1. Islandsbanki – Head Office Branch
This branch, situated in Iceland’s tallest building, merged three separate locations into one. The design features three distinctive, interlinked zones. The ‘Quick Serve Zone’ at the front of the branch integrates facilities for self-service and desks staffed by universal bankers. The ‘Community Lounge’ is located at the heart of the branch, a homely environment where customers can relax, enjoy complimentary coffee, and chat with branch staff. The branch also offers a wide array of events for both customers and the community at large — a showcase for the bank’s equivalent of Ted Talks and similar seminars. In the ‘Engage & Advise Zone,’ staff share agile meeting spaces, with dedicated workspace found in the back office. (Photos by Bernhard Kristinn.)
Design Credit: Allen International
2. ING Direct – Client House
ING opened its first Client House in Belgium. The space is designed to balance both the digital + personal aspects of banking today. Employees are on hand to offer banking services to customers, and all of ING’s digital tools are on display. The Client House also has various meeting rooms each equipped with digital screens and video conferencing systems.
“There are moments in people’s lives when they want to talk to a banker in a setting where everything is at hand to quickly take the right decision,” said Erik Van Den Eynden, CEO of ING in Belgium. “A client house to me should feel like home. The people side is as important as the digital aspect.”
ING expects to open another 15 client houses in Belgium by the end of 2020.
3. HSBC – Flagship Branch for Premier Banking
This two-story location was designed specifically to serve HSBC’s Premier Banking clients — an up-market segment for high-income depositors. The branch is open and welcoming, yet affords varying levels of privacy for quick, informal chats and more intimate, sensitive meetings with relationship managers.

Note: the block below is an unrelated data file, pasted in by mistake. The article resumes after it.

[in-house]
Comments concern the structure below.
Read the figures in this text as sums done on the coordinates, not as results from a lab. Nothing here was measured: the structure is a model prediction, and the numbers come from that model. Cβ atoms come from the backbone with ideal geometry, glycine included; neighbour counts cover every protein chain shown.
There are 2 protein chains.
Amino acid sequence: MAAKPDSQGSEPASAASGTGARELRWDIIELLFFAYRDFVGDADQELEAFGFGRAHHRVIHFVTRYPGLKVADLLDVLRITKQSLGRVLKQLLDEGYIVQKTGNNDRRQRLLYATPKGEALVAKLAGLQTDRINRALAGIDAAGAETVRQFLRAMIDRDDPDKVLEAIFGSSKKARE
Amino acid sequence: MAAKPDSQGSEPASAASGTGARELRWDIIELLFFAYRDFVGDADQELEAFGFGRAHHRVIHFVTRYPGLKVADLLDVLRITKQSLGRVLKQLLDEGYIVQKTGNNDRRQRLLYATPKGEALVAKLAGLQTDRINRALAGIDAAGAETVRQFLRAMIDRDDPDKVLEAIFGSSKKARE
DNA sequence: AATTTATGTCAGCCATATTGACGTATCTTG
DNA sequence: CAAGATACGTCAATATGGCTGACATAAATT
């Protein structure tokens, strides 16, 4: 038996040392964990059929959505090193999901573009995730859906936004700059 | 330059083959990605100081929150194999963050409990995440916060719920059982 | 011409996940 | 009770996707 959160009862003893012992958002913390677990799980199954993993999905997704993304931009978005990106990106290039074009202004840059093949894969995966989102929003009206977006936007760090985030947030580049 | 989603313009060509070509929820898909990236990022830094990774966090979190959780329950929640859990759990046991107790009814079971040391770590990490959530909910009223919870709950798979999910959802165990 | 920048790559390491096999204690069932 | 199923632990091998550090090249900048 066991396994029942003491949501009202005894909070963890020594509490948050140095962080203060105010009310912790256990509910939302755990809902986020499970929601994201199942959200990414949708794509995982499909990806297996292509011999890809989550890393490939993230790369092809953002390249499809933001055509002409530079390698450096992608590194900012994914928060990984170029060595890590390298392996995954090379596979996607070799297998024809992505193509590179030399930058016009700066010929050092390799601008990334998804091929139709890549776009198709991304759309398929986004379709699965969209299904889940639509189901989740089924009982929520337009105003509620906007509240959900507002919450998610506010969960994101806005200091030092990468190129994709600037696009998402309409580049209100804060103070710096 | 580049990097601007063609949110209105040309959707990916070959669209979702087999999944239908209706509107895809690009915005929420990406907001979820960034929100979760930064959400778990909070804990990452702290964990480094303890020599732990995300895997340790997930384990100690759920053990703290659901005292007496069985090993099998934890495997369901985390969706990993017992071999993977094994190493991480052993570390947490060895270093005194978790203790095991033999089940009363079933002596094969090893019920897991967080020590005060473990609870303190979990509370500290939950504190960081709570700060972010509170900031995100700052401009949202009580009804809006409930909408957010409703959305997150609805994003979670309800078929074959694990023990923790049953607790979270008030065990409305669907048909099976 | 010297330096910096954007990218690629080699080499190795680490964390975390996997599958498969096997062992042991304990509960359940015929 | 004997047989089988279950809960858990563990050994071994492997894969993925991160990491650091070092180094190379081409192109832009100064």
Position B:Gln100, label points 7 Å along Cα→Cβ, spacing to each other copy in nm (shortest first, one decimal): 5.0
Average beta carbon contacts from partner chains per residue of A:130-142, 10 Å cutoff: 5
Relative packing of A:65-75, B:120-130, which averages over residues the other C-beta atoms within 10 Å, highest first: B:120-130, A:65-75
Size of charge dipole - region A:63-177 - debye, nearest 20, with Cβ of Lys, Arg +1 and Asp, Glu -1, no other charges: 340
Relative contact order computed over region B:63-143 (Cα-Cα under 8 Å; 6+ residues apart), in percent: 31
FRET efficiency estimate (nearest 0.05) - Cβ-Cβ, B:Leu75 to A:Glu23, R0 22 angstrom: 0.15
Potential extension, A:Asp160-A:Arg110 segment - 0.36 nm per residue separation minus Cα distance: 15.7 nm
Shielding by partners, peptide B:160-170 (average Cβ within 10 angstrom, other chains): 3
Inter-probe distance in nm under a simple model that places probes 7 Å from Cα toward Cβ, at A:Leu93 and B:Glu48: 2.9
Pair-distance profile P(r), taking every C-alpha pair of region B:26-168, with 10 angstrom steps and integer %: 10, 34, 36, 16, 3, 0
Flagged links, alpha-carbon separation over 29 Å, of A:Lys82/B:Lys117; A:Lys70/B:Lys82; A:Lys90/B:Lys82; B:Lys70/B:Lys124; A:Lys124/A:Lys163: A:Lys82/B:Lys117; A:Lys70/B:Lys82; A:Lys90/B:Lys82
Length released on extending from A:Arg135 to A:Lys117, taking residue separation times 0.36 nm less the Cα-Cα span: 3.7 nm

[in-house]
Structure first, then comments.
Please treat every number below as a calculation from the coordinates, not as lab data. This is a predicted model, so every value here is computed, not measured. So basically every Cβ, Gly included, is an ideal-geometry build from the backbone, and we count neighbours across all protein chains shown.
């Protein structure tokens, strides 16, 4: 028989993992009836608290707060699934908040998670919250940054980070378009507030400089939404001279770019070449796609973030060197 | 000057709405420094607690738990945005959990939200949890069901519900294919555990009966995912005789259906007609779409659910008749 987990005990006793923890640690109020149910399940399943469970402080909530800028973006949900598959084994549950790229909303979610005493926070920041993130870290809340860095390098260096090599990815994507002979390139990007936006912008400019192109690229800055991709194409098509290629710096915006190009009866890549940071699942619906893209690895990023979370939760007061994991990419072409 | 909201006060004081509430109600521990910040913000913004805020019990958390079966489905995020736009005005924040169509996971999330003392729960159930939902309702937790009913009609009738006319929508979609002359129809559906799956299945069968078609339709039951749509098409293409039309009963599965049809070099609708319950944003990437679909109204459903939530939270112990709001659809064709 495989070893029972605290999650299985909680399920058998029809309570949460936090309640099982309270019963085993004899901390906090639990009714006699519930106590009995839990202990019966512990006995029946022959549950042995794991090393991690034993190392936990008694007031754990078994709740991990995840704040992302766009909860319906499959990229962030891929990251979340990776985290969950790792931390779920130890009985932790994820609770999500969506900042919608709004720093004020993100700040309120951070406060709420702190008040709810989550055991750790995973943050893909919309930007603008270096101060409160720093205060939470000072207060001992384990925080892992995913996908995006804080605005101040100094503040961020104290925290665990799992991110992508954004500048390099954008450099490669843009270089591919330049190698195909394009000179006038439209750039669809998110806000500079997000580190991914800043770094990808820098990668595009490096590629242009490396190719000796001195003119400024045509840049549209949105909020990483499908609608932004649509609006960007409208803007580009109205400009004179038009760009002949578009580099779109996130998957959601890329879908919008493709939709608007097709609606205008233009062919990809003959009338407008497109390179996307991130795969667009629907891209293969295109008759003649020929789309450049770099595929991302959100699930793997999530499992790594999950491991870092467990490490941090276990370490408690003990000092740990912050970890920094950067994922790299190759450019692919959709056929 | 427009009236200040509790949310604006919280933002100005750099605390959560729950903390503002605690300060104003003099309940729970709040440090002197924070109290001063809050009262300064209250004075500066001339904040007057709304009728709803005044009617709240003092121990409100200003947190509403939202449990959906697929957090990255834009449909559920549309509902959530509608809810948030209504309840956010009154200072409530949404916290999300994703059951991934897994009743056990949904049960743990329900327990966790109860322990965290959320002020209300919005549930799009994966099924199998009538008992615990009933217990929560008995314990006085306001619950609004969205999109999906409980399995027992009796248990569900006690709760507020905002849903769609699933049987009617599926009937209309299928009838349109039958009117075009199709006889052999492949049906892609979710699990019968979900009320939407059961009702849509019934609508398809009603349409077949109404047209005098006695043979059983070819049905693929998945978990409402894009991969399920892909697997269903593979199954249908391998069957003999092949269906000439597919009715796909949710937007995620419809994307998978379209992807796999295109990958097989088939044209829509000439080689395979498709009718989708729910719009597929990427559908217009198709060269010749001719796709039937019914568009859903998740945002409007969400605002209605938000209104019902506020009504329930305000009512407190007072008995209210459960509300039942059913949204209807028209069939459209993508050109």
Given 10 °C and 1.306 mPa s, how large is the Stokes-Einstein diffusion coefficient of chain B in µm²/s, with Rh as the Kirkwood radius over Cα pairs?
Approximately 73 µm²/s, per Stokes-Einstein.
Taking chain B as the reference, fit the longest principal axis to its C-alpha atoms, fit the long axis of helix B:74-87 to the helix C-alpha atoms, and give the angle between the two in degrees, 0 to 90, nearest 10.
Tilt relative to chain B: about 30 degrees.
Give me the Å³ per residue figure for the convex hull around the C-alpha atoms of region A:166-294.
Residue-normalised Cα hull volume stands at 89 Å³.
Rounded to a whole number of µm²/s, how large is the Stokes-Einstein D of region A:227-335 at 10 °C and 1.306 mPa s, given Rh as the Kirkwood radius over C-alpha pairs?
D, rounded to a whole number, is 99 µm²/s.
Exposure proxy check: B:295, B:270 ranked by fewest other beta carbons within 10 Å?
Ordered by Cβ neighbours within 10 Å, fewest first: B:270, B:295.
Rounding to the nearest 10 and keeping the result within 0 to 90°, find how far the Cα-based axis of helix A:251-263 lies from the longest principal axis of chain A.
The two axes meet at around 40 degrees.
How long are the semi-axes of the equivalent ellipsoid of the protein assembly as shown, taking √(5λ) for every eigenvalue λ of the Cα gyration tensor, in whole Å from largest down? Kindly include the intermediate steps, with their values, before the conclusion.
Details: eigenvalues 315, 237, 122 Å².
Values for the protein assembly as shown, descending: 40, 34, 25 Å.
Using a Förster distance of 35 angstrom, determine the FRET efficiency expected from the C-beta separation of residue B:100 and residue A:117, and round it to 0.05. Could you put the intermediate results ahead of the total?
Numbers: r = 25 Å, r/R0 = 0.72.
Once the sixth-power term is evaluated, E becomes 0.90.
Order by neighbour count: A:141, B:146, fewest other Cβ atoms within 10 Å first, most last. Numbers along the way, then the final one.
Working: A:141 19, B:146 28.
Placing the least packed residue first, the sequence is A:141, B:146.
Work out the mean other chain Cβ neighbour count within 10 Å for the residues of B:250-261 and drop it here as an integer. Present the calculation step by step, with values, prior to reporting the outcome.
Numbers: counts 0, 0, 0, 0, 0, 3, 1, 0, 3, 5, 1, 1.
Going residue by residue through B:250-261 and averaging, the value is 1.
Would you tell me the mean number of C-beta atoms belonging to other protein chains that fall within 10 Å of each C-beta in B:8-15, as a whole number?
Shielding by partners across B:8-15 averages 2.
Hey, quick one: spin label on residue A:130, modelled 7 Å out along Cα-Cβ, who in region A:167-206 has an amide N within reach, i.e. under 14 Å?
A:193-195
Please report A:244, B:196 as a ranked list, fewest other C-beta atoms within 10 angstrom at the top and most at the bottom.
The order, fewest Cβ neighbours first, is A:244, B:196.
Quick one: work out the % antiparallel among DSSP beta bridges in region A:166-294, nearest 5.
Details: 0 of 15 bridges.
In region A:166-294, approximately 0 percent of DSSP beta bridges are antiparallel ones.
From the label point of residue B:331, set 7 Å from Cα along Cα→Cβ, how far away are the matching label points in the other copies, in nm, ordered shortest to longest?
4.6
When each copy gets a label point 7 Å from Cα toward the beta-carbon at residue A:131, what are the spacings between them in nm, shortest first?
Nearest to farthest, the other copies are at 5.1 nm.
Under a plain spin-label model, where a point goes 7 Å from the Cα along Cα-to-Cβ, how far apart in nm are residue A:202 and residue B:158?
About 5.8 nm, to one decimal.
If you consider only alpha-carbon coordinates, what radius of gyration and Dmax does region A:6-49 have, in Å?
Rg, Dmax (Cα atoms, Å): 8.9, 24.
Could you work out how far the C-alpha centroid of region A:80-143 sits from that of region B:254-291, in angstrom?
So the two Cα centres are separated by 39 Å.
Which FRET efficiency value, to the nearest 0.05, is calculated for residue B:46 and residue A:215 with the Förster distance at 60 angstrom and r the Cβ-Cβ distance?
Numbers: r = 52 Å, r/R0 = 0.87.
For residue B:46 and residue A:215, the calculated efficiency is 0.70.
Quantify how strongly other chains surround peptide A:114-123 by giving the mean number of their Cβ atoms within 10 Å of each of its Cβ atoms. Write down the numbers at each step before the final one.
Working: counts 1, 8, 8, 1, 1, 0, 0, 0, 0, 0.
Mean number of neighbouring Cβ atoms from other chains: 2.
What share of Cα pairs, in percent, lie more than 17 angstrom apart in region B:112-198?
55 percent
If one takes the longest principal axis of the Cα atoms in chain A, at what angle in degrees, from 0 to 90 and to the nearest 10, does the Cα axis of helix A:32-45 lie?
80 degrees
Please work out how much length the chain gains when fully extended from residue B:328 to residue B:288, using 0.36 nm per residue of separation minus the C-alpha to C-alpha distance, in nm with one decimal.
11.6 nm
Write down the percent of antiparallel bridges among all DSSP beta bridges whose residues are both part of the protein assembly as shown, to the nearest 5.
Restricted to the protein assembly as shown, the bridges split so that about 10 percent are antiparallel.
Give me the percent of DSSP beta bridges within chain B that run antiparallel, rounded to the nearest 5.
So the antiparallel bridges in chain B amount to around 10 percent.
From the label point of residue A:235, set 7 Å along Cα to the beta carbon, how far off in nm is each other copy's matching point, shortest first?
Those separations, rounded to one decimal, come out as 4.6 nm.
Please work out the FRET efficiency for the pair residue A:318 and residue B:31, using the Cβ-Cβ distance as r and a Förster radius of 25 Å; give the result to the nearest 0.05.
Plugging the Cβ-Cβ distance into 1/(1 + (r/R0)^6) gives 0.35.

4. NAB – Sydney Flagship ‘Brand Beacon’
This concept includes spaces for seminars, co-working zones and pop-ups. The storefront creates visual interest and adds to the texture, vibrancy and character of the streetscape.
The ground floor functions as the retail store — a technology-enabled transactional environment. Instead of traditional tellers, roaming hosts act as concierges to assist customers with self-service transactions and to direct them to the appropriate specialists for more complex financial conversations. Armed with tablets, staff can demonstrate the latest digital tools and self-serve functions in branch. In-house hospitality is provided through the Wise Foundation Barista Program, which helps people seeking asylum to gain work experience and training.
A test-and-learn zone serves as an “working lab” environment where staff and customers alike can experiment with new prototype products that may impact wider store network.
The stairs double as a space for NAB seminars, curated functions and other community-based activities.
A co-working environment is situated on level one with multiple typography facilitating various collaborative, co-working and meeting settings.
Design Credit: Warren & Mahoney
4. Lloyds Bank – Super-Size Café
It may look like a slick HQ in Silicon Valley, complete with its own coffee shop, chic “breakout pods,” the latest biometric technology and an events program, but it’s actually Lloyds Bank branch in Manchester. This “super-size branch” measures a whopping 15,000 square feet and cost £3 million (roughly USD $4 million).
Lloyds says the Manchester outlet is the first of a small number of flagship branches to be opened across the UK under the Lloyds, Halifax and Bank of Scotland brands. They will provide a hub in some of the UK’s major cities.
Design Credit: M Worldwide